March 18, 2013


Last month, Groupon canned Founder/CEO Andrew Mason (click here).

Of course, executive gossip gets all of the attention.

Have you had a chance to read through their 10-K statement?  Sure, there are problems, lots and lots of problems.  But there are things that should earn praise, too.
  • 41 million customers purchased a Groupon in 2012.  Stop, and let that number sink in for a moment.  Does your business have 41 million twelve-month buyers?
  • 500,000 merchants have been featured.  Again, stop, and let that number sink in for a moment.
  • Mobile accounted for 37.5% of all purchases in December, 2012.  Again, stop, and let that number sink in for a moment.
  • Groupon uses Television, Radio, and Billboards as part of their marketing mix.  Yes, I know, one of the digital elite, using Television, Radio, and Billboards.  You'll do those things when you learn to appreciate new customer acquisition.
  • Marketing expense was reduced to 10% of net sales in Q4-2012.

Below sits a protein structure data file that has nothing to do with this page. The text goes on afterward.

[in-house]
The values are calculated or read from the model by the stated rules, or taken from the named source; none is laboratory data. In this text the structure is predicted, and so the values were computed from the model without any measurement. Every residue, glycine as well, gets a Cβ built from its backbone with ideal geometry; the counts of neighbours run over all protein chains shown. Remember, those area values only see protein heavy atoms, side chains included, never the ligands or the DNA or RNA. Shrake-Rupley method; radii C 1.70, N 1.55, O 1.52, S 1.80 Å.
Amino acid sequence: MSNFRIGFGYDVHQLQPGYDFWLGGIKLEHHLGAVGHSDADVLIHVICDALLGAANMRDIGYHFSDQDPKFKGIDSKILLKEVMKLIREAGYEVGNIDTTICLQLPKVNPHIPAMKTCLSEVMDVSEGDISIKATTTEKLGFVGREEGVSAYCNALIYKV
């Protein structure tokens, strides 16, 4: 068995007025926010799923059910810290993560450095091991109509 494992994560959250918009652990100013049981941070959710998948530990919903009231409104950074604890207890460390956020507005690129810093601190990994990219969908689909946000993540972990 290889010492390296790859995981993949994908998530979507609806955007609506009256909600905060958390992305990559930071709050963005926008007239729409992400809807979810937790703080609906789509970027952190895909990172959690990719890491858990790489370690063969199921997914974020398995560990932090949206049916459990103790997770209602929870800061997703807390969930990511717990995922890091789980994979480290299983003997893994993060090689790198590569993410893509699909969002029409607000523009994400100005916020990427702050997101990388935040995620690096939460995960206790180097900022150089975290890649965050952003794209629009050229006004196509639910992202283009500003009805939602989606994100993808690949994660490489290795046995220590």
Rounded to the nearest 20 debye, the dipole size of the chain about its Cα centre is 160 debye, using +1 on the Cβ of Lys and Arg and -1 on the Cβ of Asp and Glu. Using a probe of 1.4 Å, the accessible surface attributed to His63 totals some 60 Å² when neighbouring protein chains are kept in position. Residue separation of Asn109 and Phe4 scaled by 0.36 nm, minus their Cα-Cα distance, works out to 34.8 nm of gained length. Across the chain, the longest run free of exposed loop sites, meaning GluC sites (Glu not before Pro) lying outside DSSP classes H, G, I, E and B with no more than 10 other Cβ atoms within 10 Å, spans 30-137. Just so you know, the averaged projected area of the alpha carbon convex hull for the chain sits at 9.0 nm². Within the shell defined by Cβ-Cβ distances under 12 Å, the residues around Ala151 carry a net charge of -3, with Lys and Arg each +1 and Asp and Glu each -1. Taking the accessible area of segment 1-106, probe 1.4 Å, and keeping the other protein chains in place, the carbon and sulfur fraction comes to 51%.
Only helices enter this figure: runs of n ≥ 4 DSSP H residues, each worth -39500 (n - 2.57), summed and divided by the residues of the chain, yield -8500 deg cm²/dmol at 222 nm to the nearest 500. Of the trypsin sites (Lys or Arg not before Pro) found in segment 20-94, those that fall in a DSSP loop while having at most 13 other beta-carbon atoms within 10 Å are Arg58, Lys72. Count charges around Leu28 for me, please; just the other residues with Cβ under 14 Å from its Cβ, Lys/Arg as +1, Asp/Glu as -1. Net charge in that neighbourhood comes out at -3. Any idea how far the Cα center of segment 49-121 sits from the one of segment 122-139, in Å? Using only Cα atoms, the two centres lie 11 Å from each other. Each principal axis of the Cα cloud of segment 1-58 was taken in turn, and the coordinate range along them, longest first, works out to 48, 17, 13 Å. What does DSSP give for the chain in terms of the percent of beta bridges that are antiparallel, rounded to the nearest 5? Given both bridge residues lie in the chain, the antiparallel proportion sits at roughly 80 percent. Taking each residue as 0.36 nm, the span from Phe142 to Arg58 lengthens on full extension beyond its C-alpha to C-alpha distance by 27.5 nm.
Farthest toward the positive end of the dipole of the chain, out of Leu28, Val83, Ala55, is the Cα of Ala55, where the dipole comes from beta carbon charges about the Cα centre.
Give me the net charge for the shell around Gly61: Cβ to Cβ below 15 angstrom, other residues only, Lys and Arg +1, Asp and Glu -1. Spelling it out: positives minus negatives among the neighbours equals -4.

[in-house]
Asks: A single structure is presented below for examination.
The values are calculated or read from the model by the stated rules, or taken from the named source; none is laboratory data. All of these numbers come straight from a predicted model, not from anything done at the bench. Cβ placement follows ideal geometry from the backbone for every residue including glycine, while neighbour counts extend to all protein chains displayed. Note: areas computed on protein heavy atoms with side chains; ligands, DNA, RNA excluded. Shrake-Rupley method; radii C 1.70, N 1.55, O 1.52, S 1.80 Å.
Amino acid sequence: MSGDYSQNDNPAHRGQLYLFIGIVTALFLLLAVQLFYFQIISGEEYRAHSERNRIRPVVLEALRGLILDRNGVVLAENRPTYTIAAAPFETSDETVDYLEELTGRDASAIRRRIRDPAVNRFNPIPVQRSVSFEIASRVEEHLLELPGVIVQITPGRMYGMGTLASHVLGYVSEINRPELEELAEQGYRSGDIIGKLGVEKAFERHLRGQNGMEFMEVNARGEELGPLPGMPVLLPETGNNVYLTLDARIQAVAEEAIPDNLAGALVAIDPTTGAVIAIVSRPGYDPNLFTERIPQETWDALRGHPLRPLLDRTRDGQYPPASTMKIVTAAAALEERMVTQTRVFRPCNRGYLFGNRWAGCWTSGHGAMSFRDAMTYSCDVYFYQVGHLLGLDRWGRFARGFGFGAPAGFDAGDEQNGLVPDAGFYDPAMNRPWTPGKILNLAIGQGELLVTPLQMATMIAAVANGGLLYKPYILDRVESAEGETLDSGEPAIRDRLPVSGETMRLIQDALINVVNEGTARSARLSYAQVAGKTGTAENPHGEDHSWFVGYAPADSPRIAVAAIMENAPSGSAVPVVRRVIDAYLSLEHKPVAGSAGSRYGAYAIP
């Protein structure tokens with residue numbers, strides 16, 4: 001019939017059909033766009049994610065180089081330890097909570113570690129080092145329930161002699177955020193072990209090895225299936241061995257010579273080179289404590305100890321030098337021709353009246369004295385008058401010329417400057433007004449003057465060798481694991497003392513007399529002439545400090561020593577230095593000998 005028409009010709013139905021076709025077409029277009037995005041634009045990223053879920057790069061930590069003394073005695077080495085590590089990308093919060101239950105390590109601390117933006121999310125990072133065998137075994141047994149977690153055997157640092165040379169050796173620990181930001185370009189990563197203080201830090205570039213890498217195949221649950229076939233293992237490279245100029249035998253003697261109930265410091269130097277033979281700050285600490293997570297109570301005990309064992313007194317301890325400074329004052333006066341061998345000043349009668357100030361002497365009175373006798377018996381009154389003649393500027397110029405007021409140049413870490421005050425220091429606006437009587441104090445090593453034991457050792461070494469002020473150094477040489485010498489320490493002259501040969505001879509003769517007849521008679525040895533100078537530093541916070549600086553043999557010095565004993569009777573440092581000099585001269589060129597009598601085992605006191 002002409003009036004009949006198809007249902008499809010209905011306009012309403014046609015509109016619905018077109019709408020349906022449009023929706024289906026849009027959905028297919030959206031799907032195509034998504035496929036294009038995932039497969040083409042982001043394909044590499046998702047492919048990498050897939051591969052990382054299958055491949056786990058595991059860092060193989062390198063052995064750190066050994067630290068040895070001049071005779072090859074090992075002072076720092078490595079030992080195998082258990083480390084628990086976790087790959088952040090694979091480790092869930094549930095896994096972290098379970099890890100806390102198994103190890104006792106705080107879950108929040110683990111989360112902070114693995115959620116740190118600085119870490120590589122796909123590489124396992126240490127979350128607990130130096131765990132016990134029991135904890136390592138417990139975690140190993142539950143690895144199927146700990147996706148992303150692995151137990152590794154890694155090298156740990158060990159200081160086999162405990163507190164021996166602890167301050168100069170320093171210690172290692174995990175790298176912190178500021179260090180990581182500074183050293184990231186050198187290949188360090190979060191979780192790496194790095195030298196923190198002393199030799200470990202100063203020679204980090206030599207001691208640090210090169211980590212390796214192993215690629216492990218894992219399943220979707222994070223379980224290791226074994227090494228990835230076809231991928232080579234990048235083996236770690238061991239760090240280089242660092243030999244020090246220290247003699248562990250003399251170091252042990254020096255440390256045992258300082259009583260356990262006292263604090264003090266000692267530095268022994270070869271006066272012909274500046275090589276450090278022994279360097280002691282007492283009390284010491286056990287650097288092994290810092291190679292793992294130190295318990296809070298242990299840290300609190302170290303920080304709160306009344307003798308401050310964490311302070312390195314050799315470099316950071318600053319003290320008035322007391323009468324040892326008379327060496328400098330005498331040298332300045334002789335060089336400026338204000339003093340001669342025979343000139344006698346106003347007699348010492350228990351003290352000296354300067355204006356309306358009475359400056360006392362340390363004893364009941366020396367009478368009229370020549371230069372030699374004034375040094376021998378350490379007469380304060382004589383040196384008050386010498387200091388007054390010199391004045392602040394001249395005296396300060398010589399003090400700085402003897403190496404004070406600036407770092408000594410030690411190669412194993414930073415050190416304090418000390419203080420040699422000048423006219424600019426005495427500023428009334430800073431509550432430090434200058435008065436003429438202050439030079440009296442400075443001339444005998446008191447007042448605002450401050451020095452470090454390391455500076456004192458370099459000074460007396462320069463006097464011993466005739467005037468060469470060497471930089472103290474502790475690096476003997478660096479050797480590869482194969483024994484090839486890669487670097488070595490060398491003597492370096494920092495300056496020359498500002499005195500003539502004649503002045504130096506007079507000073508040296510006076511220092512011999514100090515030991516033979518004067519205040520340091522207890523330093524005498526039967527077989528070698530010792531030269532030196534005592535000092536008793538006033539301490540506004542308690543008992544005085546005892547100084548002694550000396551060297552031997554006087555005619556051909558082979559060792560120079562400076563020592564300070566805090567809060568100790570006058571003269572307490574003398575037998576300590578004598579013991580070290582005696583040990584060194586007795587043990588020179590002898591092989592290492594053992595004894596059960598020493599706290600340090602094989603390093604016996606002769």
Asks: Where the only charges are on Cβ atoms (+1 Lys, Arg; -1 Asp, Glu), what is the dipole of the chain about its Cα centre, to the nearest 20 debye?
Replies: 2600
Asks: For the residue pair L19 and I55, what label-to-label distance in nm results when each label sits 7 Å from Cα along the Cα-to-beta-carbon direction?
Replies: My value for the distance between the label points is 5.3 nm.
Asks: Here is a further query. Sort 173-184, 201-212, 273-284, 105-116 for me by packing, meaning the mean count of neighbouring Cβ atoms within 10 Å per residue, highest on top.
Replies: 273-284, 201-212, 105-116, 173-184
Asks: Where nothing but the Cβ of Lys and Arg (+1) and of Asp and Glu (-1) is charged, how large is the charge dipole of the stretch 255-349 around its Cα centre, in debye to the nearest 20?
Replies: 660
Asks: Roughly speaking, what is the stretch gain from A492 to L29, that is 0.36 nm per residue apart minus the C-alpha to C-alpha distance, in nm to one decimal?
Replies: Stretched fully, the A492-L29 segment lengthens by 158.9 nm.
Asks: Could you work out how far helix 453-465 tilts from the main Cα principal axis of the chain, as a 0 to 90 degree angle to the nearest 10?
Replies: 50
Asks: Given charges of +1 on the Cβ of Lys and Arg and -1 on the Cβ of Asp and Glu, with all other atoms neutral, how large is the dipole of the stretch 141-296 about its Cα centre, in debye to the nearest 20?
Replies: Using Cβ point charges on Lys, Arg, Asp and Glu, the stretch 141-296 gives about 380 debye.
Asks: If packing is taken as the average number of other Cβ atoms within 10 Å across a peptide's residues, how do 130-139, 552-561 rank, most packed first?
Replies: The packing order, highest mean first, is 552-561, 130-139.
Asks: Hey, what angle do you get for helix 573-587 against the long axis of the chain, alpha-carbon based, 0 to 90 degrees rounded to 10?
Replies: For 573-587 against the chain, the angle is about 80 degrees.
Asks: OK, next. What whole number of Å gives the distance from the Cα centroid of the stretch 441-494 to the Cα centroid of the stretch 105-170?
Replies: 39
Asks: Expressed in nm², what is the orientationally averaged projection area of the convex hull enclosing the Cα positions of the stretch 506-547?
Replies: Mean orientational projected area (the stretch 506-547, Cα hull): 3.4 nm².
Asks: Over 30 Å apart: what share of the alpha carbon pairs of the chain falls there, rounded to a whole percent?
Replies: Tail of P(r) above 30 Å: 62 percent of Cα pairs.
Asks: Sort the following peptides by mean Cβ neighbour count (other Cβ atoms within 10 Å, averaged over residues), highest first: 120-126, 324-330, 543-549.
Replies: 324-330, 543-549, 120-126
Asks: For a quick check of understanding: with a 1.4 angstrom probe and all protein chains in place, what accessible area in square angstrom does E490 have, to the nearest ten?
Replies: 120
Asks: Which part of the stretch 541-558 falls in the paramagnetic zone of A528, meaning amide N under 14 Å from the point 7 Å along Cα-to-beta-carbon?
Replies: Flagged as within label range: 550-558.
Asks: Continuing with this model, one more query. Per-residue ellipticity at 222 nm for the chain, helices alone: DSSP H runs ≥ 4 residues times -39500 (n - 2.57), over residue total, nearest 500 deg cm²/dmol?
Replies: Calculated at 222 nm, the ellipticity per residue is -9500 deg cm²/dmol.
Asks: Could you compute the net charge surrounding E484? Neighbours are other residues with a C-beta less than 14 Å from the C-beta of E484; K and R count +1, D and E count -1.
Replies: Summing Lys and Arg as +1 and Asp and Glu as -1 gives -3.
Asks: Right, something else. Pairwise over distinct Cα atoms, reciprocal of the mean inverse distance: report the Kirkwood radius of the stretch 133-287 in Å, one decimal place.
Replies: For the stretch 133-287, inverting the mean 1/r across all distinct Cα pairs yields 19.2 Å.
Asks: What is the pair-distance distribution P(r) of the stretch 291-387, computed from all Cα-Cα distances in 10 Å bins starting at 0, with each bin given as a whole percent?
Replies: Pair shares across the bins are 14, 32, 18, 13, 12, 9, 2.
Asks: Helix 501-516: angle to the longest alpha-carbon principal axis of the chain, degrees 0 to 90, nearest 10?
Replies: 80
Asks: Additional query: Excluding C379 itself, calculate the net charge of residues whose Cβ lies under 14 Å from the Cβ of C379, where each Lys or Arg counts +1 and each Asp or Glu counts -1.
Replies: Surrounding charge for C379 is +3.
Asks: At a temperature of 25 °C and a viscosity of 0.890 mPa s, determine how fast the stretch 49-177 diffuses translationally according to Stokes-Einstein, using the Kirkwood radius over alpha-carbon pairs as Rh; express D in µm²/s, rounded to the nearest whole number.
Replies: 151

• Sales force of 1,151 North American employees, and 3,526 International employees.  As we discussed with Forrester, companies selling a digital future sure seem to employ a lot of analog tactics, don't they?
  • Gross Billings per Active (12-Month) Customer were $160 in 2010, $187 in 2011, and $144 in 2012.  Oh boy.
  • With approximately 10,000 employees and $654 million in wages and benefits, the average Groupon employee is receiving a total compensation package that averages about $65,000 per year.
  • Number of times the phrase "omnichannel" is used in the 10-K statement?  Zero.
Keep reading upcoming 10-Q and 10-K statements - pay particular attention to their ability to generate more business from existing customers - a stated goal of the management team.  It is very, very hard to get existing customers to spend more.